Nakhon Si Thamarat
Nakhon Si Thammarat, The second largest province of the South and the land of predominant Buddhism during the Srivijaya Period, is 780 km from Bangkok. It occupies an area of 9,942 sq km consisting of high plateau and mountains in the west then sloping down towards the east and becoming a basin along the coastline of the Gulf of Thailand. In addition to its great history, Nakhon Si Thammarat boasts pristine verdant jungles abundant with luxuriant vegetation and is also noted for picturesque beaches and beautiful waterfalls.
North : Surat Thani and Gulf of Thailand
South : Phatthalung and Songkhla
East : Gulf of Thailand
West: Trang and Krabi
Festivals & Events
Hae Pha Khuen That Festival
When : 28th February
Location : Wat Phra Mahathat Woramahawihan
Hae Pha Khuen That Festival is celebrated at Phra Borom That Chedi. The pagoda is considered to be the representative of Lord Buddha and is believed by locals to possess unsurpassed might of righteousness as it contains holy relics. Every year Buddhists pay homage to the pagoda by organizing a procession bearing a religious cloth to wrap around the pagoda to bring good fortune and success. This festival is held twice a year during Makha Bucha Day (the 15th full-moon night of February) and Visakha Bucha Day (the 15th full-moon night of May).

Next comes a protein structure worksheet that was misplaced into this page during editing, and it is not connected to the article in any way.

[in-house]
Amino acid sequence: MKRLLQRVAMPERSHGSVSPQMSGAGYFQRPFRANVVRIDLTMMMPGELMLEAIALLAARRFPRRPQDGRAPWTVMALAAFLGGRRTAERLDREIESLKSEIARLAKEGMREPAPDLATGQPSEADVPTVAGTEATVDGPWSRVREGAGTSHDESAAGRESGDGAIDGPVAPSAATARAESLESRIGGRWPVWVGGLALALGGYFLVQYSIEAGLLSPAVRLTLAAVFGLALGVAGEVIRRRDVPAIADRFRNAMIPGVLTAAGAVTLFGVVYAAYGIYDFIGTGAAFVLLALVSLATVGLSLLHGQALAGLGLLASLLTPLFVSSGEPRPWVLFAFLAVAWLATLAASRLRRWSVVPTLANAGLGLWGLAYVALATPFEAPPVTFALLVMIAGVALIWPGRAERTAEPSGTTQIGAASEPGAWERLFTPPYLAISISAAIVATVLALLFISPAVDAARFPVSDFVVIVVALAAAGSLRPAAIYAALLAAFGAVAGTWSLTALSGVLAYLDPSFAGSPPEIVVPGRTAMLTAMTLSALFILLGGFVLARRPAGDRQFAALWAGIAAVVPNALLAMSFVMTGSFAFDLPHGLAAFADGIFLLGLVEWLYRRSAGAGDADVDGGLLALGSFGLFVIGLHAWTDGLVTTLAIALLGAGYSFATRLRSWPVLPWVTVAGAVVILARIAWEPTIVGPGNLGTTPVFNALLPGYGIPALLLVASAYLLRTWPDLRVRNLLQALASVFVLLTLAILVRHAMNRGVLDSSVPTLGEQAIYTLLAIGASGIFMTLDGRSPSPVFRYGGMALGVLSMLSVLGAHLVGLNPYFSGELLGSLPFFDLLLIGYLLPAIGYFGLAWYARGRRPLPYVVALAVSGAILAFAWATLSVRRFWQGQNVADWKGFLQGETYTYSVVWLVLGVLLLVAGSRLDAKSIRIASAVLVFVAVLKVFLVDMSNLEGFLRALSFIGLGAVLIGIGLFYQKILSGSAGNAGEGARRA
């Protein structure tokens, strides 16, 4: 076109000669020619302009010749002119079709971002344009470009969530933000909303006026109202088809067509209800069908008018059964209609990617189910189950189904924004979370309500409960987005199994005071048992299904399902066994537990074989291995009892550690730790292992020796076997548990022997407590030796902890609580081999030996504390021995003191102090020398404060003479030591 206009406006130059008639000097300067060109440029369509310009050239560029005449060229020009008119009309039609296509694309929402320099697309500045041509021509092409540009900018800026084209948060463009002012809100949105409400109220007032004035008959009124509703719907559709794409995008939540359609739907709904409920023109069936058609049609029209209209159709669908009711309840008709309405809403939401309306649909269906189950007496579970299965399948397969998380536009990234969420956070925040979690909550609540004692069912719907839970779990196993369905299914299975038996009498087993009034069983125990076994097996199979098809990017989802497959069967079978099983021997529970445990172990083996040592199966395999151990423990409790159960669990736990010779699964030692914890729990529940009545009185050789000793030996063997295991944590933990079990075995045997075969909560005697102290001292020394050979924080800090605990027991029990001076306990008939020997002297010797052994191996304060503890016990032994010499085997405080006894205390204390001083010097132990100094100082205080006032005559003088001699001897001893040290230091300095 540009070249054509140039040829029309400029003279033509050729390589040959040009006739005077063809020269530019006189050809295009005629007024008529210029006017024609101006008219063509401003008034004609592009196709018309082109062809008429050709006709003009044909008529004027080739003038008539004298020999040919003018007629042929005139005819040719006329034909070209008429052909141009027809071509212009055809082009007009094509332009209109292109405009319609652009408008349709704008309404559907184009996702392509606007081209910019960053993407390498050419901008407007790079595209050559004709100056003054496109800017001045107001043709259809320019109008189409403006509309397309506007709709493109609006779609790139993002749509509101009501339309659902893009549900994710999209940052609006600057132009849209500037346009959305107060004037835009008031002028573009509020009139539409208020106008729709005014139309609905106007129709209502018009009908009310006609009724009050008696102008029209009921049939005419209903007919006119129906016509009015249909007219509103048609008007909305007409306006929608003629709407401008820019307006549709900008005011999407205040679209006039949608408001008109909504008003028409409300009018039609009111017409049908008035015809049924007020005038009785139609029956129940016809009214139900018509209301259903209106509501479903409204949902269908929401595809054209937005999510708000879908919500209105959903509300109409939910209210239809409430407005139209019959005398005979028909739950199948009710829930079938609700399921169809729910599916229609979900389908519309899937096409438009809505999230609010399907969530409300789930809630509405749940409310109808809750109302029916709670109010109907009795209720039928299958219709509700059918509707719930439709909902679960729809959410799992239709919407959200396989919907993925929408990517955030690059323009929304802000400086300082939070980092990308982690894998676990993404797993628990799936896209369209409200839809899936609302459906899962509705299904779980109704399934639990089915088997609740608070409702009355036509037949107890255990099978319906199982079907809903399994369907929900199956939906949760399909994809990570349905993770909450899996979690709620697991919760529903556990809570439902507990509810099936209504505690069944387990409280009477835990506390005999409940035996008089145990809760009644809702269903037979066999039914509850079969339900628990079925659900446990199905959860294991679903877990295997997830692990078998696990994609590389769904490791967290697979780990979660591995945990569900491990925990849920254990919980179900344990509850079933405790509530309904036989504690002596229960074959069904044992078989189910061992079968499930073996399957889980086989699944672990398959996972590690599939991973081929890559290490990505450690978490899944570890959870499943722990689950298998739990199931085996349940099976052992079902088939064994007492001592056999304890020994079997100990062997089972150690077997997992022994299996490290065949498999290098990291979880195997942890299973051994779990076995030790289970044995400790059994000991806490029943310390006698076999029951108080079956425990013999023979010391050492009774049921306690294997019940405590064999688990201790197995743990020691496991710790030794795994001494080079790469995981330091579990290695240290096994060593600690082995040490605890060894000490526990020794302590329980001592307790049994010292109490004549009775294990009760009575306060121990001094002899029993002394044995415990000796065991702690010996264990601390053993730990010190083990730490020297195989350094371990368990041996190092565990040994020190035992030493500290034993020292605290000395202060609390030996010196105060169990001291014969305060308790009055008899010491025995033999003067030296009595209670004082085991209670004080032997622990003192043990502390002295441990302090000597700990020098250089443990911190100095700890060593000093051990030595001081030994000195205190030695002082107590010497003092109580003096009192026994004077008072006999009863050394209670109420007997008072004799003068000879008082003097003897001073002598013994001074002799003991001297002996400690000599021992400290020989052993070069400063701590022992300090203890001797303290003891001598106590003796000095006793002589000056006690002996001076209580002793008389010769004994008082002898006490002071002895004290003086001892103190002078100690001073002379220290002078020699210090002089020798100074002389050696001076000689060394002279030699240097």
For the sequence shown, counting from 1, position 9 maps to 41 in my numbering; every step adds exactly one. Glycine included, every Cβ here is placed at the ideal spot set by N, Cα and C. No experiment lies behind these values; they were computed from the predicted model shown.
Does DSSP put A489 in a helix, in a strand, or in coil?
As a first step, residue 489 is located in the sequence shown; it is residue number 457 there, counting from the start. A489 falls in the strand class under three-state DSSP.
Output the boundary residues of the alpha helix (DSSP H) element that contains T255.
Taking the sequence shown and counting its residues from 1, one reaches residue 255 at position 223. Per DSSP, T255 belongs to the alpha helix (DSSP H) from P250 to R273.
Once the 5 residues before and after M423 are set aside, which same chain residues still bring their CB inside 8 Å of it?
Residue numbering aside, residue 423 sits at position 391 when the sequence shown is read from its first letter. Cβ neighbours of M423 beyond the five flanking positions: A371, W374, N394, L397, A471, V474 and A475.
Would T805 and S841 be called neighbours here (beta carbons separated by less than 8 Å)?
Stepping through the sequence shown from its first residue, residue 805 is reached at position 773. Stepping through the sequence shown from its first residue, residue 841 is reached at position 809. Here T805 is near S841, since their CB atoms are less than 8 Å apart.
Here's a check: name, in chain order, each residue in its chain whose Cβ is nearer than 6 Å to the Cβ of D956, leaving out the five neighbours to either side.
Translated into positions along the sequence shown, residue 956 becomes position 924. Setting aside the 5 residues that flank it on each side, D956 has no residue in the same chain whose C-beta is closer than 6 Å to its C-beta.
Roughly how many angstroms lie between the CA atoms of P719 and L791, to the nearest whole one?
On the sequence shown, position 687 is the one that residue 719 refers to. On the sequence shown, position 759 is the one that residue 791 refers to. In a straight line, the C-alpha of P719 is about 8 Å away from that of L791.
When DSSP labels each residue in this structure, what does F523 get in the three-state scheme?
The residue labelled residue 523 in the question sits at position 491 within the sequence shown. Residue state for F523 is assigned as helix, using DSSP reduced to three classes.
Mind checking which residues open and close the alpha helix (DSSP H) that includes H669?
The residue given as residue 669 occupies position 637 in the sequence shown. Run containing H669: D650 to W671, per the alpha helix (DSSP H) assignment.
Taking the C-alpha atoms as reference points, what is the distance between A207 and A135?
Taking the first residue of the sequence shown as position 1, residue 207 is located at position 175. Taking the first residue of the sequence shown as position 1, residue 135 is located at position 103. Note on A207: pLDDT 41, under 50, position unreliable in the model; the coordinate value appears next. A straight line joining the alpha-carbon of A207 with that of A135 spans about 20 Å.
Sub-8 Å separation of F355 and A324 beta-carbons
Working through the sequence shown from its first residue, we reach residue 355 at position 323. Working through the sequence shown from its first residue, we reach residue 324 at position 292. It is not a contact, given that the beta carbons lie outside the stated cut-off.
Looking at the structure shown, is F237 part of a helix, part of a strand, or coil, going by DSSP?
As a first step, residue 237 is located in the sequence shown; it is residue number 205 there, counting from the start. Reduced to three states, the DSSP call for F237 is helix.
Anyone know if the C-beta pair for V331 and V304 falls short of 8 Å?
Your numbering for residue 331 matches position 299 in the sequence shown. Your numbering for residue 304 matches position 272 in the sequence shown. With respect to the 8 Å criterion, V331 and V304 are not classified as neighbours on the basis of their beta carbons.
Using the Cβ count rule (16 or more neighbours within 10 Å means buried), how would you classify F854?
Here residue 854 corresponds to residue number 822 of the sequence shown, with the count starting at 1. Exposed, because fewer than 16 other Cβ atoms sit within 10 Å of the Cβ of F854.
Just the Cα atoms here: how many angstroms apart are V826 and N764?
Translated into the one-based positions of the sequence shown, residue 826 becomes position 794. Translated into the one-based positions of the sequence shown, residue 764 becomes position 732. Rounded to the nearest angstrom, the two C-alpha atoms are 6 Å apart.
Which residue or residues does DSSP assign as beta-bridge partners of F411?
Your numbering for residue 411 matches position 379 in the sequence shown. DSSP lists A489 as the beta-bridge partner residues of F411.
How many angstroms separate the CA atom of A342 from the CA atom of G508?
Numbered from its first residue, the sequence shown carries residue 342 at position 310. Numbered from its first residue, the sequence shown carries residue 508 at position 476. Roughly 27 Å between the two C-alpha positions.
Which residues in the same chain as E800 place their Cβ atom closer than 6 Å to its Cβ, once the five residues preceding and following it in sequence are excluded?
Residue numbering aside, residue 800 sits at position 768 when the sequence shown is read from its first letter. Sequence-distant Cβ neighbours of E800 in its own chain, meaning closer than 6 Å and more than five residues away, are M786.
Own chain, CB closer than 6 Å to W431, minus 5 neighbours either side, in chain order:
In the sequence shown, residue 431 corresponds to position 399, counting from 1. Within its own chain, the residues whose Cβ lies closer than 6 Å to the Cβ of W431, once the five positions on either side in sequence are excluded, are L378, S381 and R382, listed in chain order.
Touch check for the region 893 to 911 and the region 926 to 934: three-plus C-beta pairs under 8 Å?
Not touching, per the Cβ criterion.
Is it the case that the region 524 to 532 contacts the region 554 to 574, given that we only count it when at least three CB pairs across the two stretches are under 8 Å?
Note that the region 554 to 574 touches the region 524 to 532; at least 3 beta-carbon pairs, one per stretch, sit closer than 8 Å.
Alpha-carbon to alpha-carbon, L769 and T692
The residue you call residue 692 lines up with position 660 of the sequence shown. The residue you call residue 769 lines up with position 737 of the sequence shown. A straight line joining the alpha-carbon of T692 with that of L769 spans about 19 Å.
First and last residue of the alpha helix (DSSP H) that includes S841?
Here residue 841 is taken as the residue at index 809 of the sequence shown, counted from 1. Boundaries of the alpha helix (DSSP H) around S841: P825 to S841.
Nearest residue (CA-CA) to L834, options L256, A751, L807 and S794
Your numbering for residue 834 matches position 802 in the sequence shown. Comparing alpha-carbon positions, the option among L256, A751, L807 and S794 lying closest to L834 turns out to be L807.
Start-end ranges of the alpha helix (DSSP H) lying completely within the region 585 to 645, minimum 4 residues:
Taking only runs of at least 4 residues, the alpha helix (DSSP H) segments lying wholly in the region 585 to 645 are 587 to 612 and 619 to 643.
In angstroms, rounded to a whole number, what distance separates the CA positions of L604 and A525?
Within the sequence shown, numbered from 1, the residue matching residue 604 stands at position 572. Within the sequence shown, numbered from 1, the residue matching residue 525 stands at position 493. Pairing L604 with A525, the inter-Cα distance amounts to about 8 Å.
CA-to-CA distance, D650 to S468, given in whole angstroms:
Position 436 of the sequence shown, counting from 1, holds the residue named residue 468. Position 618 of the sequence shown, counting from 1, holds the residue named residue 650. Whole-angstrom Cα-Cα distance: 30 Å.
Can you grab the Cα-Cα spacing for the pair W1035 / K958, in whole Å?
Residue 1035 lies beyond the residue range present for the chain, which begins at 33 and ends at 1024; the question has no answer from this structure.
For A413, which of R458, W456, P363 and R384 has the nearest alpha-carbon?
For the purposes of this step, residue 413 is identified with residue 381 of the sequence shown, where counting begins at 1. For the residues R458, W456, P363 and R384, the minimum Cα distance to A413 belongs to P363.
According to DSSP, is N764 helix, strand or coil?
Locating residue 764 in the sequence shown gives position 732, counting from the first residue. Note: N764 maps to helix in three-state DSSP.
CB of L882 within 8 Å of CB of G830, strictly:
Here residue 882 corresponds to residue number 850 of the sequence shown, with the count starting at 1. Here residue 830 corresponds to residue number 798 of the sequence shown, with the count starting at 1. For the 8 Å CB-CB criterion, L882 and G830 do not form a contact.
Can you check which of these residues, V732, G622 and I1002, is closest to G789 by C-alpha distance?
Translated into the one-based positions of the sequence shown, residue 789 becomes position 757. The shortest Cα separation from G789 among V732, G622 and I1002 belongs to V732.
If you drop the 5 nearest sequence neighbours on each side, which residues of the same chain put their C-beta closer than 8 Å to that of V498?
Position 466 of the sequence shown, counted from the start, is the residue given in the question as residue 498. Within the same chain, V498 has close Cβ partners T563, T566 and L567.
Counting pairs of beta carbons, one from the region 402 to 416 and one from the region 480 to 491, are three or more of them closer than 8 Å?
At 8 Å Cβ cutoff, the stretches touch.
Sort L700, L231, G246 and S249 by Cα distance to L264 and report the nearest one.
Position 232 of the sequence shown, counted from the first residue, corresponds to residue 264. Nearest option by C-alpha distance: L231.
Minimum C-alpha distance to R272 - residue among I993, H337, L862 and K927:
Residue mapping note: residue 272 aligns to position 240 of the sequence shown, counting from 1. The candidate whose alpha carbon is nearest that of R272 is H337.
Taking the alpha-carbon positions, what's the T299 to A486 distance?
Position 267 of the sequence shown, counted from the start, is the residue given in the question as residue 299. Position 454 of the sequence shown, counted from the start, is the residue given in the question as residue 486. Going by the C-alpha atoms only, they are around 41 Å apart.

Chak Phra or Lak Phra Festival
When : November
Location : Amphoe Mueang
Chak Phra or Lak Phra Festival is influenced by Indian culture, which expanded into the province a long time ago. The festival signifies the joy that people had when Lord Buddha returned from a star and the Lord was invited to sit on a throne and carried to a palace. In practice, locals would bear a Buddha image holding a bowl in a procession around the city. This is a great way for escape from daily routine and it is a fun competition to find who is the most religious. Held in October, the festival is preceded by activities 7 days before, such as beating drums, playing castanets and decorating the ceremonial throne for the image. The actual ceremony is usually held only on the last day of the Buddhist Lent. People would take the image from the temple in the morning and proceed to Benchama Rachuthit School in Amphoe Muang. This is also done in front of Ron Phibun district office. In addition, there is a water-borne procession on Pak Phanang River in Pak Phanang, which coincides with an annual boat race for a trophy from the Crown Princess.
Festival of the Tenth Lunar Month
When : October
Festival of the Tenth Lunar Month is a grand event of the province and of southern Thailand. This festival is held from the 1st waning-moon night to the 15th waning-moon night every September. It is held to pay respect to deceased ancestors. According to Buddhism beliefs, the dead had many sins and was sent to hell to become a demon. The demons are allowed to come up to meet their relatives for 15 days in September, but must return to hell before sunrise of the 15th day. The livings try to appease the spirits by taking food to temples to make merit. Beginning on the 13th day, people will go shopping for food to be given. The 14th day is spent preparing and decorating the food tray, and the 15th day is the actual merit-making day. The tray presented nowadays has elaborate designs but still retains traditional components. Contests to find the most beautiful tray are held. A magnificent procession proceeds along Ratchadamnoen Road on the 14th day.